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VEGETABLE HEROESPotatoes, Solanum tuberosum
It’s always interesting to find out where our vegetables started and how they became popular. And this is true of the humble potato.
Farmers in the Andes Mountains of South America first discovered the potato 7,000 years ago.
They had it to themselves until the mid-1500’s when the Spanish Conquistadors invaded Peru.
In Spain, when it did arrive, it was thought of food for the underclasses, or feeding hospital inmates.
Around 1780 the people of Ireland adopted the potato as a food crop because potatoes contain most of the vitamins you need to survive.
The potato is a member of the nightshade or Solanaceae family and its leaves are poisonous.
NOTE:A potato left too long in the light will begin to turn green.
The green skin contains a substance called solanine which can cause the potato to taste bitter and green potatoes can upset the stomach, so don’t try them.
TIP:Always grow potatoes from Certified Seed Potatoes from reputable suppliers.
Yes it is possible to simply buy some from a specialist green grocer and keep them for seed, or use leftover potato peelings.
What’s wrong with that? You run the risk of introducing diseases such as Potato Virus Y, Potato Blight or Potato cyst Nematode. If you use leftovers or buy from supermarkets or green grocers. You might think it’s only a small risk, but once you get potato blight into your soil, it’s their forever. No chemical will shift it.
When to Plant
Potatoes can be planted now all over Australia'
In temperate and sub-tropical districts, August to October is the best time.
Arid areas, August until December is your best time.
In cool temperate zones, you have from September through to January.
Cooler areas have a bit of extra time to order some of the more unusual varieties before they grow in the ground.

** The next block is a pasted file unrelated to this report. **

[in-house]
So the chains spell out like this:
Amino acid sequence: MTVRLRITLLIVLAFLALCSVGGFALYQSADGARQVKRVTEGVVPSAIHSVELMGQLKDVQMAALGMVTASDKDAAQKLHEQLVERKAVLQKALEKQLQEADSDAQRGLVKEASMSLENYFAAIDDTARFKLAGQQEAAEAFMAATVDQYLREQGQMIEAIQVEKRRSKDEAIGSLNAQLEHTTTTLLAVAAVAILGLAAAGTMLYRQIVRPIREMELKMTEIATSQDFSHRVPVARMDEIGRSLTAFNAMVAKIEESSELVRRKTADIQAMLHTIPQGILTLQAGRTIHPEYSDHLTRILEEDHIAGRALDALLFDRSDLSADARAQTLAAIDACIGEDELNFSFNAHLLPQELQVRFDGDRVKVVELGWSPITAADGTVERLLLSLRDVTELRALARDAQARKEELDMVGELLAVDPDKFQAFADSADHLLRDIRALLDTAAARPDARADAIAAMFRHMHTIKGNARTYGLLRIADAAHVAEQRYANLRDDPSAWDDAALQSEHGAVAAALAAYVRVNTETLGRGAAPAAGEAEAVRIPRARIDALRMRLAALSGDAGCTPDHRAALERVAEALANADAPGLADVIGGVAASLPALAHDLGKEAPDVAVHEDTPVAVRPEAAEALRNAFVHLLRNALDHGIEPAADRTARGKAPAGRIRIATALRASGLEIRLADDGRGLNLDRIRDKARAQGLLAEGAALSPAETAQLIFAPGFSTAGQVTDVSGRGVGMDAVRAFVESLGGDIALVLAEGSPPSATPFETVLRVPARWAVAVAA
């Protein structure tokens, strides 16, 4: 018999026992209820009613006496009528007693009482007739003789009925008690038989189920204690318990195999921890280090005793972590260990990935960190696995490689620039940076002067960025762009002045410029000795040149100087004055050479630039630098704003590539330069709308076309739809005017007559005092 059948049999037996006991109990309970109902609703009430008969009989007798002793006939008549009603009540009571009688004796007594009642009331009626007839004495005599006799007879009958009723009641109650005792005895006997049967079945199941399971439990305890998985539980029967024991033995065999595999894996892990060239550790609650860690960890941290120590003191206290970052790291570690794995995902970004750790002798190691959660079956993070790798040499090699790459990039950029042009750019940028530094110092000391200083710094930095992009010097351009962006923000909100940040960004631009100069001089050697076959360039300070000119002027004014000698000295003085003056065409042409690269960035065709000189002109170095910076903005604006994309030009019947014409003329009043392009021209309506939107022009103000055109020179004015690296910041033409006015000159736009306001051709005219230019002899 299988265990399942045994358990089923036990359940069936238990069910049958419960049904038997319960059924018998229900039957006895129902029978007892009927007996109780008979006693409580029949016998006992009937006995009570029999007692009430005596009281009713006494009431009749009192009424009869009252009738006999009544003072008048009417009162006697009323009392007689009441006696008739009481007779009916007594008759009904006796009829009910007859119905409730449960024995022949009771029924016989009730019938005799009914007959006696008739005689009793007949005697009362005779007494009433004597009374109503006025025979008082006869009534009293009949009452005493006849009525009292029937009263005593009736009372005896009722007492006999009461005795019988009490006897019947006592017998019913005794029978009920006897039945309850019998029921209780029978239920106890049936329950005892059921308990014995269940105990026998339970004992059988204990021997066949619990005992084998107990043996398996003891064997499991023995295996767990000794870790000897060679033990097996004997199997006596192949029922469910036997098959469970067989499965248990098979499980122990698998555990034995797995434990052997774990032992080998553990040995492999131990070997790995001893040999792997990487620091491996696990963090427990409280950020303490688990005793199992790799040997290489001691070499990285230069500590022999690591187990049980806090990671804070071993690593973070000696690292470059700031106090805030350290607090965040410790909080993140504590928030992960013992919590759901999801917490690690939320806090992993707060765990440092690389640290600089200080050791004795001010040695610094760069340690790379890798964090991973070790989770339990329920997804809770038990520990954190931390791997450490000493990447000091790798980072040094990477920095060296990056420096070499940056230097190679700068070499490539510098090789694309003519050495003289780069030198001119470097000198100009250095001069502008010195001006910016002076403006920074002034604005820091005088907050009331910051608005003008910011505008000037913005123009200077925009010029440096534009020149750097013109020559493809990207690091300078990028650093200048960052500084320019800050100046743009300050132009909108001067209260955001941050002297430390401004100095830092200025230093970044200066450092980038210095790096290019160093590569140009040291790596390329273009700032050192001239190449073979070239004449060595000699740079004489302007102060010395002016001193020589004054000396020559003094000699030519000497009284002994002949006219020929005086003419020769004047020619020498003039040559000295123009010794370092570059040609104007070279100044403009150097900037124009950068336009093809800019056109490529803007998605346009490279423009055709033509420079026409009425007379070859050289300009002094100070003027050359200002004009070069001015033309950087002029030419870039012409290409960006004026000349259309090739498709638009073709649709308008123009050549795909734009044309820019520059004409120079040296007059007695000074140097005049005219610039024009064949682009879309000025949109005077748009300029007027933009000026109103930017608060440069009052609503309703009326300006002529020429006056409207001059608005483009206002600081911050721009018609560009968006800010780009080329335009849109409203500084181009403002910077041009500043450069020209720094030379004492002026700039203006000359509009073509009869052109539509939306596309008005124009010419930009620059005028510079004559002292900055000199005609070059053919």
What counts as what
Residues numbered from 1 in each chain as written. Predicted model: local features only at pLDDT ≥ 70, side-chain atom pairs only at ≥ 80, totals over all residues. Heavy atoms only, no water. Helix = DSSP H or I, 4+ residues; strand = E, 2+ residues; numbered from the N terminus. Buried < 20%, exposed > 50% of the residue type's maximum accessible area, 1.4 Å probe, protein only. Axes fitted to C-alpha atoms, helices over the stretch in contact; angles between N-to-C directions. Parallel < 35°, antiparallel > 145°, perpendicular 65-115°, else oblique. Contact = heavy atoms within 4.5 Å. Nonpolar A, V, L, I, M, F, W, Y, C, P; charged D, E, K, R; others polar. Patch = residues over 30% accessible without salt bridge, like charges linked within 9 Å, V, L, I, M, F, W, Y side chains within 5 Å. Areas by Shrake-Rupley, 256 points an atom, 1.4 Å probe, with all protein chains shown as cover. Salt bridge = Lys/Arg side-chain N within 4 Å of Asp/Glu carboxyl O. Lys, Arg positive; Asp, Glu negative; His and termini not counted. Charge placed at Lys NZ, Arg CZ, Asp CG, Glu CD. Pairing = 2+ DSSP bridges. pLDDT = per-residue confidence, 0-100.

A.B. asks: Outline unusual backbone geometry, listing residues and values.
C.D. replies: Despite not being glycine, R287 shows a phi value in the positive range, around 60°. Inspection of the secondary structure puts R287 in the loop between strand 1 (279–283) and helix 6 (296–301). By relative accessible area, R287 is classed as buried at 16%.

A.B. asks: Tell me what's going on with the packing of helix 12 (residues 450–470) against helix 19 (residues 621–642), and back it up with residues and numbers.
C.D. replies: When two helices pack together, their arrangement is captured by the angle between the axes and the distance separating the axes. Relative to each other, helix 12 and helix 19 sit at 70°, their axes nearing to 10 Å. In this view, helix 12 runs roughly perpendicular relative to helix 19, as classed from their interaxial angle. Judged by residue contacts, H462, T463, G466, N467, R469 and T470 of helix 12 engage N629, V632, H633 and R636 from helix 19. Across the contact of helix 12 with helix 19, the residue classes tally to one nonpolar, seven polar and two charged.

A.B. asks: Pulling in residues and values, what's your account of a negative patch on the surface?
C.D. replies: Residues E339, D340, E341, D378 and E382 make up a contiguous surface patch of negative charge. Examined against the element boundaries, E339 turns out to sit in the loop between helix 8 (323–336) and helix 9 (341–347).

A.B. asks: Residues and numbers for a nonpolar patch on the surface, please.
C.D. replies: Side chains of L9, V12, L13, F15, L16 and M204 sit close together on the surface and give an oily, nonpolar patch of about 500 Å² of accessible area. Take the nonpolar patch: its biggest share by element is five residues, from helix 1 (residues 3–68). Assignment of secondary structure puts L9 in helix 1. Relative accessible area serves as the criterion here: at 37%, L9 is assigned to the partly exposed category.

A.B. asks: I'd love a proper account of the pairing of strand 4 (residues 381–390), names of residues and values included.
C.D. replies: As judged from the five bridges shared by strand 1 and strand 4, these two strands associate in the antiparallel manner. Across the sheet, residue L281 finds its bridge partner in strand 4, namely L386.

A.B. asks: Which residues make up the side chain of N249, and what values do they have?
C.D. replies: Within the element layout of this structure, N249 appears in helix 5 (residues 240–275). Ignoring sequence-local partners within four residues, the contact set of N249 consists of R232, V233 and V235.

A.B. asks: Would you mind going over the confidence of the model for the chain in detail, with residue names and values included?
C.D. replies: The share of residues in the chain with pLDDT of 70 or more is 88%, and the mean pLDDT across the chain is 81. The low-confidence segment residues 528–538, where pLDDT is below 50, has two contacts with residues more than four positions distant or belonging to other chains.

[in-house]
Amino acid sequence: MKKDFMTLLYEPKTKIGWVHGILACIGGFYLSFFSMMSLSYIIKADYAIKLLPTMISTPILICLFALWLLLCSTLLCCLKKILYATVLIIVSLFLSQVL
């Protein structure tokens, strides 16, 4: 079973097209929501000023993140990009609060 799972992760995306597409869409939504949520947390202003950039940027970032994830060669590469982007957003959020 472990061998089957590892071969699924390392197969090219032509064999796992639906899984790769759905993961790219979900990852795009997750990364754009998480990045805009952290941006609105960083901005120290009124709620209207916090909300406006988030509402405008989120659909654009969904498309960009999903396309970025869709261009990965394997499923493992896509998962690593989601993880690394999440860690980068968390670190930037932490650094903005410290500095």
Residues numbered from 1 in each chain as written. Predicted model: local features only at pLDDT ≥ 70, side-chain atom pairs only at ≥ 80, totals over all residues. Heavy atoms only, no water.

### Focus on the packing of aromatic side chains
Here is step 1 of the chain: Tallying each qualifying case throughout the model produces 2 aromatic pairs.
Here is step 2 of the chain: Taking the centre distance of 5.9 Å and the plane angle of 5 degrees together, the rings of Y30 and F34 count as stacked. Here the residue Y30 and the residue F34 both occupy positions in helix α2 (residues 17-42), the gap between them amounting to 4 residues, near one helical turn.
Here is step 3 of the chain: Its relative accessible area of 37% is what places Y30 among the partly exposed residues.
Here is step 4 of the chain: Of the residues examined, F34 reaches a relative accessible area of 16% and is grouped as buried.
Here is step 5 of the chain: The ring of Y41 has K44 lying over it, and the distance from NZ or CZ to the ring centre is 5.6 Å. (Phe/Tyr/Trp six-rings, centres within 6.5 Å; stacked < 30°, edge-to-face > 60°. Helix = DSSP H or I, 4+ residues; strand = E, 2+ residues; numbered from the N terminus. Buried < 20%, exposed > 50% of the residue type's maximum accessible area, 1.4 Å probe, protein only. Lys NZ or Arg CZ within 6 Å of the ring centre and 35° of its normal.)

Choose a Variety?
How about Cranberry Red.
Cranberry Red has red skin and red flesh, great in salads, for boiling and baking.
These stay red, even after cooking.
Or what Potato Sapphire that has purple skin and purple flesh
Purple Sapphire I’m sure is sold also as Purple Congo, is perfect for mashing, boiling and roasting, and yes, it stays purple after cooking.
- Put seedling potatoes into a trench in as deep and rich a soil as you can get.
- Plenty of compost and manures please.
- And as they grow pile the earth up around them.
- You will need to hill the rows or potato container several times until the potatoes have flowered .
- You need to do this to stop the greening of tubers and also protect them from potato moth.
- Also, hilling up the soil and mulch will give you more potatoes as they tend to form on roots near the surface.
- That means, as you pile up the soil, you get new roots, and more potatoes....
- Chicken manure or blood and bone should be dug through the bed as potatoes need a lot of phosphorus but not too much nitrogen. Too much nitrogen will mean lots of leaves rather than potatoes.
- Keep the water up and but only water moderately as potatoes will rot in soil that is too wet.
When you cut them open, they’ll have grey patches inside which actually do taste mouldy. Ewwww!
- You can add fish emulsion and seaweed extract when you’re watering too.
- Potatoes can also be grown in your black compost bin if you’re not using it for compost. Plant the seed potatoes at the bottom, let them grow to about 50cm,( so with your ruler that’s almost 2 x ruler heights) then, over the top and add 8cm of soil, let them grow a little more, add some more soil, and so on, in the end a stack of potatoes.
- Pick your potatoes when the vine has died down to the ground, that’s if you want the most potatoes, but they can be harvested from when the first baby potatoes are formed. The lower leaves should be turning yellow – this happens about 3 to 4 weeks after flowering.
- If you plan to store your potatoes, cut off the foliage and let the potatoes rest in the ground for 3-4 weeks to allow the skin to 'set', they keep longer this way. Store in a dark, cool, well ventilated spot.